Network Working Group S. Woolf
Request for Comments: 4892 Internet Systems Consortium, Inc.
Category: Informational D. Conrad
Requirements for a Mechanism Identifying a Name Server Instance
Status of This Memo
This memo provides information for the Internet community. It does
not specify an Internet standard of any kind. Distribution of this
memo is unlimited.
Copyright (C) The IETF Trust (2007).
With the increased use of DNS anycast, load balancing, and other
mechanisms allowing more than one DNS name server to share a single
IP address, it is sometimes difficult to tell which of a pool of name
servers has answered a particular query. A standardized mechanism to
determine the identity of a name server responding to a particular
query would be useful, particularly as a diagnostic aid for
administrators. Existing ad hoc mechanisms for addressing this need
have some shortcomings, not the least of which is the lack of prior
analysis of exactly how such a mechanism should be designed and
deployed. This document describes the existing convention used in
some widely deployed implementations of the DNS protocol, including
advantages and disadvantages, and discusses some attributes of an
1. Introduction and Rationale
Identifying which name server is responding to queries is often
useful, particularly in attempting to diagnose name server
difficulties. This is most obviously useful for authoritative
nameservers in the attempt to diagnose the source or prevalence of
inaccurate data, but can also conceivably be useful for caching
resolvers in similar and other situations. Furthermore, the ability
to identify which server is responding to a query has become more
useful as DNS has become more critical to more Internet users, and as
network and server deployment topologies have become more complex.
Woolf & Conrad Informational [Page 1]RFC 4892 Serverid June 2007
The conventional means for determining which of several possible
servers is answering a query has traditionally been based on the use
of the server's IP address as a unique identifier. However, the
modern Internet has seen the deployment of various load balancing,
fault-tolerance, or attack-resistance schemes such as shared use of
unicast IP addresses as documented in [RFC3258]. An unfortunate side
effect of these schemes has been to make the use of IP addresses as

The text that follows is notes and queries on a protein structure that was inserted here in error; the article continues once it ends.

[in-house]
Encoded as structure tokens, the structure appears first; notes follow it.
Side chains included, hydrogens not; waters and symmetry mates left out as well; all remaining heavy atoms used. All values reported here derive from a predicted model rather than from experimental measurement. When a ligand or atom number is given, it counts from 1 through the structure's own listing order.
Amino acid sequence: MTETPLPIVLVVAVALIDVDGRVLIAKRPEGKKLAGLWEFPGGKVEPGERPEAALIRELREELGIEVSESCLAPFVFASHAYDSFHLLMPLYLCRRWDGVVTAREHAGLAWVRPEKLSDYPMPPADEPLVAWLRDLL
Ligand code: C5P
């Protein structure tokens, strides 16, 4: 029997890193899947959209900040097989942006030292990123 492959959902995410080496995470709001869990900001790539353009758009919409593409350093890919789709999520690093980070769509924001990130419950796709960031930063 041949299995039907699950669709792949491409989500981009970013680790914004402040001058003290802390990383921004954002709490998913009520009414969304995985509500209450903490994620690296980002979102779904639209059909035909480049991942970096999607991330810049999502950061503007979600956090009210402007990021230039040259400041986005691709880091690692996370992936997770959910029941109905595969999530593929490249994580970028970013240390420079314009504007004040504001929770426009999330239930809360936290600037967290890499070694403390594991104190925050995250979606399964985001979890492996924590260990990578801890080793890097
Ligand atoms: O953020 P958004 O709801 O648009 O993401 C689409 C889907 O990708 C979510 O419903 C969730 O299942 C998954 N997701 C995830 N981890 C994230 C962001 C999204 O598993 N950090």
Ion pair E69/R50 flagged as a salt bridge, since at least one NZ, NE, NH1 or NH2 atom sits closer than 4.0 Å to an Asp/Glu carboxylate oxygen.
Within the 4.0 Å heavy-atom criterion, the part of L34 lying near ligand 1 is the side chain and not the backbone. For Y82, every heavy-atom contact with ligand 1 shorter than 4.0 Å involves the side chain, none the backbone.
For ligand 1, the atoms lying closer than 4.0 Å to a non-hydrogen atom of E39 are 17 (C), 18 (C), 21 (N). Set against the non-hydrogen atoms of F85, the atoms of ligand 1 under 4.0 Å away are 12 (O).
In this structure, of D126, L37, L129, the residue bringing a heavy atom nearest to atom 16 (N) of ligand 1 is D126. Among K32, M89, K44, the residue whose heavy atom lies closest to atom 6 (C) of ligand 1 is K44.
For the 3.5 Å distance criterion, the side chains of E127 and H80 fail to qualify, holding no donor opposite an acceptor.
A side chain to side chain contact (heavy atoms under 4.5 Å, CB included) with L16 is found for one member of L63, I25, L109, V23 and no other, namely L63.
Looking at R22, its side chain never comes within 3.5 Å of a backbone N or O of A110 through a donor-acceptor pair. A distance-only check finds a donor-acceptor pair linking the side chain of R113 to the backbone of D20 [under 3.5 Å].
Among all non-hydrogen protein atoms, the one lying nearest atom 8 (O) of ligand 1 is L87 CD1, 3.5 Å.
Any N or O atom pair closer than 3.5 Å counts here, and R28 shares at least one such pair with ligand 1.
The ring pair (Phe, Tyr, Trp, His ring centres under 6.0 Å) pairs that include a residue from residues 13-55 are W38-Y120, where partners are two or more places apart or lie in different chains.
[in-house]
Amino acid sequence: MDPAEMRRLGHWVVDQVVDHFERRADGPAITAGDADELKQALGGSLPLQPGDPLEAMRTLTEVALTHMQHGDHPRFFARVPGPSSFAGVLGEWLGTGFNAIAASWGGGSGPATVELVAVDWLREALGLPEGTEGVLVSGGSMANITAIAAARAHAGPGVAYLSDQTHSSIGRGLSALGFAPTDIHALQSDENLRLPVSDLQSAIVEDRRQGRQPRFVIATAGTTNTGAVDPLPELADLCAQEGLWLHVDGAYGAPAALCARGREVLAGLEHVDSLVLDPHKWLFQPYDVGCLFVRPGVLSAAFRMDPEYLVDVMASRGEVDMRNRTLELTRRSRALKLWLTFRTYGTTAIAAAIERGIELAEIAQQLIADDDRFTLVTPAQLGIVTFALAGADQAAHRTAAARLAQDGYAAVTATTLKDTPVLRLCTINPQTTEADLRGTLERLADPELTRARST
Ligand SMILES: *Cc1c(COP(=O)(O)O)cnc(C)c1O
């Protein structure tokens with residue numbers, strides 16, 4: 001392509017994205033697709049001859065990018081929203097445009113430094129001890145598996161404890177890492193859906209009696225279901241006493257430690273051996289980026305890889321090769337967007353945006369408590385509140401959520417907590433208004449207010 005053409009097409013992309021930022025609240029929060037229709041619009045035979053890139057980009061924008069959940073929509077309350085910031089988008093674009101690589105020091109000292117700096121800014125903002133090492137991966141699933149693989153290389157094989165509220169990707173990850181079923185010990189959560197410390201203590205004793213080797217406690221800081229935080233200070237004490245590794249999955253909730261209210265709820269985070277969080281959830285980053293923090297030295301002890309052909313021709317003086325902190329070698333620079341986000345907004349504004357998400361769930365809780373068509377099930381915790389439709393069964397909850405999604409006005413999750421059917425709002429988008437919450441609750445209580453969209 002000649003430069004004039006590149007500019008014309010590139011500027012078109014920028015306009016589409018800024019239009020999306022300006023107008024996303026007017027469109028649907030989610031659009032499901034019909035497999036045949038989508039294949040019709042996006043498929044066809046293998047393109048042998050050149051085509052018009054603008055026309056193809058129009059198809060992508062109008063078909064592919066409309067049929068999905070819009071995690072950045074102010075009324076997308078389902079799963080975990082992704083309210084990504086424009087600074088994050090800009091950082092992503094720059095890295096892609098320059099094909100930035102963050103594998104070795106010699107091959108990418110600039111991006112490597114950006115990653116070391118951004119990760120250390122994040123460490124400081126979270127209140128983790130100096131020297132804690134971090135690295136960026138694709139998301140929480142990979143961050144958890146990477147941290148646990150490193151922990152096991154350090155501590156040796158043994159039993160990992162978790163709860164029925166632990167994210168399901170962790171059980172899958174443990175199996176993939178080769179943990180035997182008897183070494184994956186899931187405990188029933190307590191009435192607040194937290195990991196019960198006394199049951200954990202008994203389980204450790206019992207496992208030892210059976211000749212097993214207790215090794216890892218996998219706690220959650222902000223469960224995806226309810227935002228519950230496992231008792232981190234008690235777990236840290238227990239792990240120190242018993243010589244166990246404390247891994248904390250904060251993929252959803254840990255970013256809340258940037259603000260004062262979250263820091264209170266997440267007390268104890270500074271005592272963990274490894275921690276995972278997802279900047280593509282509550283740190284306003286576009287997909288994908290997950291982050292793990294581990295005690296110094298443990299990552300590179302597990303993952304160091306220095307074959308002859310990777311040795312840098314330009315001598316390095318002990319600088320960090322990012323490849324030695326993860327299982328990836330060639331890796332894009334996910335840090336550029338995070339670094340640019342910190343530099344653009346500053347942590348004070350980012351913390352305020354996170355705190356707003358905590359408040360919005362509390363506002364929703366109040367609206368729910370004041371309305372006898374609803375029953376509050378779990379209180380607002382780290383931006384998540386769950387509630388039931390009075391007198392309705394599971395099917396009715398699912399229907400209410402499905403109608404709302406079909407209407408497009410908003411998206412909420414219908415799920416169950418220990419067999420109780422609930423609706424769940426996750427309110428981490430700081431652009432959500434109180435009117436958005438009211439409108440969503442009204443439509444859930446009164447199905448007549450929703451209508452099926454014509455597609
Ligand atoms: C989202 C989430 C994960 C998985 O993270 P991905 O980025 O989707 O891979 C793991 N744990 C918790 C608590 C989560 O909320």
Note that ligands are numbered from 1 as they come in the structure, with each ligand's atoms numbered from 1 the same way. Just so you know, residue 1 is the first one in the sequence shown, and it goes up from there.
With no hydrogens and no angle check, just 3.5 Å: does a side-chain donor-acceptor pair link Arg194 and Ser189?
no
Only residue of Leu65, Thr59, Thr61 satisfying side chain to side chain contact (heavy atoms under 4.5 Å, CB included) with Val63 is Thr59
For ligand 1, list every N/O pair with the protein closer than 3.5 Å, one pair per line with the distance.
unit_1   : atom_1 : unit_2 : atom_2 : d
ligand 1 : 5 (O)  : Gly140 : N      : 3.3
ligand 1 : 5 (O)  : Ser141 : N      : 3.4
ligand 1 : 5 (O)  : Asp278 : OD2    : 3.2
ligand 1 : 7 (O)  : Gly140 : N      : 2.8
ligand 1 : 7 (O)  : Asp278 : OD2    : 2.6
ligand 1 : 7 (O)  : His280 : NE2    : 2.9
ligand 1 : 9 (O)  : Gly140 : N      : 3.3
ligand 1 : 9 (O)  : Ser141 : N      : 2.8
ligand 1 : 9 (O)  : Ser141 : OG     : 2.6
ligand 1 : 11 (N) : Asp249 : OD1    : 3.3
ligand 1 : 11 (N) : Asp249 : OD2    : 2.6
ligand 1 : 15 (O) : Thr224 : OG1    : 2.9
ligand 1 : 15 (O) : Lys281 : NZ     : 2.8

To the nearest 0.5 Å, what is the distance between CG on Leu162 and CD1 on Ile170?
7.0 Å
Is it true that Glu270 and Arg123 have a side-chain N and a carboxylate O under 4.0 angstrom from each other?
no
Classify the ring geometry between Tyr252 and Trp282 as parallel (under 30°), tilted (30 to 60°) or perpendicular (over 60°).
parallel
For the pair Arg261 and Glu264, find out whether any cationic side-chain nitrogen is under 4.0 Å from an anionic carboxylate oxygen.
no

identifiers associated with DNS (or any other) service somewhat
problematic. Specifically, multiple dedicated DNS queries may not go
to the same server even though sent to the same IP address. Non-DNS
methods such as ICMP ping, TCP connections, or non-DNS UDP packets
(such as those generated by tools like "traceroute"), etc., may well
be even less certain to reach the same server as the one which
receives the DNS queries.
There is a well-known and frequently-used technique for determining
an identity for a nameserver more specific than the possibly-non-
unique "server that answered the query I sent to IP address A.B.C.D".
The widespread use of the existing convention suggests a need for a
documented, interoperable means of querying the identity of a
nameserver that may be part of an anycast or load-balancing cluster.
At the same time, however, it also has some drawbacks that argue
against standardizing it as it's been practiced so far.
2. Existing Conventions
For some time, the commonly deployed Berkeley Internet Name Domain
(BIND) implementation of the DNS protocol suite from the Internet
Systems Consortium [BIND] has supported a way of identifying a
particular server via the use of a standards-compliant, if somewhat
unusual, DNS query. Specifically, a query to a recent BIND server
for a TXT resource record in class 3 (CHAOS) for the domain name
"HOSTNAME.BIND." will return a string that can be configured by the
name server administrator to provide a unique identifier for the
responding server. (The value defaults to the result of a
gethostname() call). This mechanism, which is an extension of the
BIND convention of using CHAOS class TXT RR queries to sub-domains of
the "BIND." domain for version information, has been copied by
several name server vendors.
A refinement to the BIND-based mechanism, which dropped the